Bell (Finally) Rings for Telecoms Reform

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It has been a long wait (we flagged it back in November 2006), with lots of talk, lobbying and political positioning, but the long-expected reforms of Chinese telecoms sector have now been announced. The Economist reported:

    “BY ANY measure—revenues, employees, customers—it is the largest industrial reorganisation ever. And, reflecting how business is done in China, it was announced in the most modest way, with a posting on a government website on May 24th. The country’s telecoms industry, with nearly 600m mobile subscribers, 360m fixed-line customers and $244 billion in revenue, will be reconfigured. Six companies will be collapsed into three, each spanning mobile, fixed and broadband services.

    China Mobile, the world’s largest mobile operator by subscribers, will merge with China TieTong, the smallest fixed-line operator. China Telecom, the country’s biggest fixed-line operator, will acquire one of the mobile networks run by China Unicom, which will merge its remaining mobile operations with China Netcom, another fixed-line operator. A sixth operator, China Satcom, will be taken over by China Telecom.”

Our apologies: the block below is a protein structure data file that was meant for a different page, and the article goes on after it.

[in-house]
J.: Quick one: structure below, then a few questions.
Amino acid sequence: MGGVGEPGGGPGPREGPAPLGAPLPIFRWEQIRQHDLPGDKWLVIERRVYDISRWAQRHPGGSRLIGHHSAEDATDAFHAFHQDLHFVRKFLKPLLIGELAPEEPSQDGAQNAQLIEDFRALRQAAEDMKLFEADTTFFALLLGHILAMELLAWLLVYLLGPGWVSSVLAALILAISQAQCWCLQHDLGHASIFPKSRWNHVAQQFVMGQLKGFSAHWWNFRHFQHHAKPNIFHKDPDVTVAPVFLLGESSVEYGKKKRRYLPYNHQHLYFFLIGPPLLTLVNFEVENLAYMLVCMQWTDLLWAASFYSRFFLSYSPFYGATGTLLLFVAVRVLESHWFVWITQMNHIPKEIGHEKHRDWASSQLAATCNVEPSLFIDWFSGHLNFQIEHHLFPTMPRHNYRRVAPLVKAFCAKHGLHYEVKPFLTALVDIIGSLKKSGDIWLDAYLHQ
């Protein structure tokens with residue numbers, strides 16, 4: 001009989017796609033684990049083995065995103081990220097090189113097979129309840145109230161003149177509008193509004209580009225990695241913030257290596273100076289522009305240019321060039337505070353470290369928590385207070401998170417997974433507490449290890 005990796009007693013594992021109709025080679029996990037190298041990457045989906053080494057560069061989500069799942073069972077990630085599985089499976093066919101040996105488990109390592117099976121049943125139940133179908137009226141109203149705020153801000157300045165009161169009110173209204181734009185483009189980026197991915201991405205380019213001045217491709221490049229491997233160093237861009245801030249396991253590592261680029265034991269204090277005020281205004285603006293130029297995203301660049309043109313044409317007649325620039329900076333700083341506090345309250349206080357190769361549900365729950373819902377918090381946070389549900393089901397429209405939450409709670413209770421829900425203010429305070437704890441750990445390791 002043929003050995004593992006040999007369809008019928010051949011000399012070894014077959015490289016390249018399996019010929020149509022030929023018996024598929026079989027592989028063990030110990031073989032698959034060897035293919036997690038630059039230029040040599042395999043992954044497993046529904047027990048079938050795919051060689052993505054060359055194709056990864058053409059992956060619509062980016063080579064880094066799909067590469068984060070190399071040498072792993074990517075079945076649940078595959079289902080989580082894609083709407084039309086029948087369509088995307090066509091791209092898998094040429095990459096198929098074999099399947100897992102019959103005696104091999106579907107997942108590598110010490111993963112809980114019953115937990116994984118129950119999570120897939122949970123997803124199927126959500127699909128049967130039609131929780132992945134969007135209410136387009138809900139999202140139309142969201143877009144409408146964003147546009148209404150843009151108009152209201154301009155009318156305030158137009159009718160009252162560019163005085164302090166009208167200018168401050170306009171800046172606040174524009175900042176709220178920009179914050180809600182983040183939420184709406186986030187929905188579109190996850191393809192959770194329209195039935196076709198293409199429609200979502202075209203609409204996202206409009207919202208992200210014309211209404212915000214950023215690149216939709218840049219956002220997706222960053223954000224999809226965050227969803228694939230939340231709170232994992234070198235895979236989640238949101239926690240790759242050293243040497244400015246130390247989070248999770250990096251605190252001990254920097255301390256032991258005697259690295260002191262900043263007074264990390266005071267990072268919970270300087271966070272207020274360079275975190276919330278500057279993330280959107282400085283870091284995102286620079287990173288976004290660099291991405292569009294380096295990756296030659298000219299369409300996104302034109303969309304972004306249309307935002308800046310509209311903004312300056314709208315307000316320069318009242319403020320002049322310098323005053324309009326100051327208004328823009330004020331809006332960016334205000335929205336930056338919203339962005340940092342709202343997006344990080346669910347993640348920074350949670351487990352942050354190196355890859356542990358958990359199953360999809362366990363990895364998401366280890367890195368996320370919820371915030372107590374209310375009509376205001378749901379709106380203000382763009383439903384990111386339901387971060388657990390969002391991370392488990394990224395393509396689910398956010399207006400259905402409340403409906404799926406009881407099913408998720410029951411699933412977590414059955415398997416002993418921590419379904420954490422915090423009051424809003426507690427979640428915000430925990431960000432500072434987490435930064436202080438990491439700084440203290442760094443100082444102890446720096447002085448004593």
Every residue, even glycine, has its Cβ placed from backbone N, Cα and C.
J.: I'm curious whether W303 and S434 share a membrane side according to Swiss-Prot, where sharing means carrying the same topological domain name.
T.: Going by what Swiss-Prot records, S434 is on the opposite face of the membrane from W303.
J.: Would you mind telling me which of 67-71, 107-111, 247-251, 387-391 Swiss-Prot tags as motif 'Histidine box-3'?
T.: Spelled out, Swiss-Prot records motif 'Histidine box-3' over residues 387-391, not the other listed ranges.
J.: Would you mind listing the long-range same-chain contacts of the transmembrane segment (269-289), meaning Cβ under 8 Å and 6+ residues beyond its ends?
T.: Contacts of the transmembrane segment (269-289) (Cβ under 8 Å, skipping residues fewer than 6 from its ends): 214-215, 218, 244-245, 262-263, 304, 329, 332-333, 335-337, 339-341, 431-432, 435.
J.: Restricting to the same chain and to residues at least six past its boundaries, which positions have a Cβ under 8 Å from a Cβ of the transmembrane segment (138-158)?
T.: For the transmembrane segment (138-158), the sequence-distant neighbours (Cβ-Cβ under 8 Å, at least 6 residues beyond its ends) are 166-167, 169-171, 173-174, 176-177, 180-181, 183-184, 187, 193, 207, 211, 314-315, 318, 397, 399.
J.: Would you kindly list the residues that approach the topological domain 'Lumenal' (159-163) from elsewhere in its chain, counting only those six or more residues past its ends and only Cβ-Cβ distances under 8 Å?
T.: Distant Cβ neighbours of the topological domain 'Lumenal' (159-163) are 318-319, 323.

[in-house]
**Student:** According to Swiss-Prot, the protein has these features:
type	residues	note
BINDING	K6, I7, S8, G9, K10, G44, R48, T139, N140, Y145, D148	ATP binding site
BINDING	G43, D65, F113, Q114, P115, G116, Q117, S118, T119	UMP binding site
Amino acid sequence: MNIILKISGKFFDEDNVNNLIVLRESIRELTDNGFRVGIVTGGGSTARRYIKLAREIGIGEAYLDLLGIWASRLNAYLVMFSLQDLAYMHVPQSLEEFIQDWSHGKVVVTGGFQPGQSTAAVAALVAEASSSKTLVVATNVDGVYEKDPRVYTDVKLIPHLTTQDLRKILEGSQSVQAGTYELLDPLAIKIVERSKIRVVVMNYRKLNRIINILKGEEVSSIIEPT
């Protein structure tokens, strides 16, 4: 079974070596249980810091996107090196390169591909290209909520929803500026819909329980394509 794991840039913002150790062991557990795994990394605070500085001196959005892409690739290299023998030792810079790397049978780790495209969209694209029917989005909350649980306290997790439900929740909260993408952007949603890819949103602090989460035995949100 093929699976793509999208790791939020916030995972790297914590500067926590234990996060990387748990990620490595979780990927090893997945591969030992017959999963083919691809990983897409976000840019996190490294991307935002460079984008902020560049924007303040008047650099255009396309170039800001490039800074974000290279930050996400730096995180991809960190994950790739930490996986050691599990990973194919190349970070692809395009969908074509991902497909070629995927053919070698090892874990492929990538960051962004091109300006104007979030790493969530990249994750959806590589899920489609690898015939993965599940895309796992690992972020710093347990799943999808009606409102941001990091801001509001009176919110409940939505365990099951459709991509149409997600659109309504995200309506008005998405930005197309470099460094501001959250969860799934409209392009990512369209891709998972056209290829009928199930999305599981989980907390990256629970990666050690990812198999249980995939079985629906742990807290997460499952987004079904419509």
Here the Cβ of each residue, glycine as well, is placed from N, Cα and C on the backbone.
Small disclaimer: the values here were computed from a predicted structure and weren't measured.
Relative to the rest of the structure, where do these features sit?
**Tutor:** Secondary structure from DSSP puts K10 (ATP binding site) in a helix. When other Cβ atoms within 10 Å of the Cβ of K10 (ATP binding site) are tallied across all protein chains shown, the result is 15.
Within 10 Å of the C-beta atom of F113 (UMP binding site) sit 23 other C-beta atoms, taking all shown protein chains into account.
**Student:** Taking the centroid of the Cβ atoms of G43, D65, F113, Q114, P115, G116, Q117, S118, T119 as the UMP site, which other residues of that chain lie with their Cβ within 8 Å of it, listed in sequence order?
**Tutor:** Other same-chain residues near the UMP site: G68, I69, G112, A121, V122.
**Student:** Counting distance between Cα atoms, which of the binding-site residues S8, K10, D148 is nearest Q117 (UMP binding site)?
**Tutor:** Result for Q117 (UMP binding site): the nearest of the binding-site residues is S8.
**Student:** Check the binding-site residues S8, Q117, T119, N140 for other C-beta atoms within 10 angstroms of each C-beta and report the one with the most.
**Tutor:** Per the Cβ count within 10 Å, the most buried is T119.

In a clear reminder of how government policy can impact investors – let alone businesses – the market’s reaction was also noted by the Economist:

    “…rumours of an imminent decision swept the Hong Kong and Shanghai markets on May 23rd, provoking a panic that continued until May 27th.

    The shares of China Telecom, China Unicom and China Netcom were suspended, and those of China Mobile fell in value by 10%, or $31 billion. (The other two operators are unlisted.)”

    As the article notes, the reforms have been made to make the telecoms sector more competitive. The fixed line operators have been suffering, while mobile sales have gone through the roof. AFP notes the statistics:

    “In a sign of how lopsided the market is, official figures showed that by the end of last year China’s fixed line users fell by 2.3 million to 365.4 million while mobile phone subscribers surged by 86.2 million to 547.3 million.

    China Mobile, the world’s biggest mobile network operator by subscriber numbers, raked in 87.1 billion yuan in net profits in 2007, twice as much as China Unicom, China Telecom and China Netcom combined. “

China Mobile will have to give up some of its market, and may also be forced (ever so politely, but it is that policy thing again) to take on the locally-developed TD-SCDMA 3G standard. Not something that is likely to bring short-term benefit, or to assist with international expansion or integration.

The Economist makes the point that policy reform has worked well for the sector up till now, but leaves us with the question:

    “…will China’s pursuit of industrial-policy goals now hamper the industry’s progress?”

We will have to wait and see what happens in this instance, for this industry. But the wider lesson is that policy analysis (based on intelligence gathering, not just press reports) should be a key feature of business and investment planning in China, or when investing in or selling to Chinese companies – state controlled or not.

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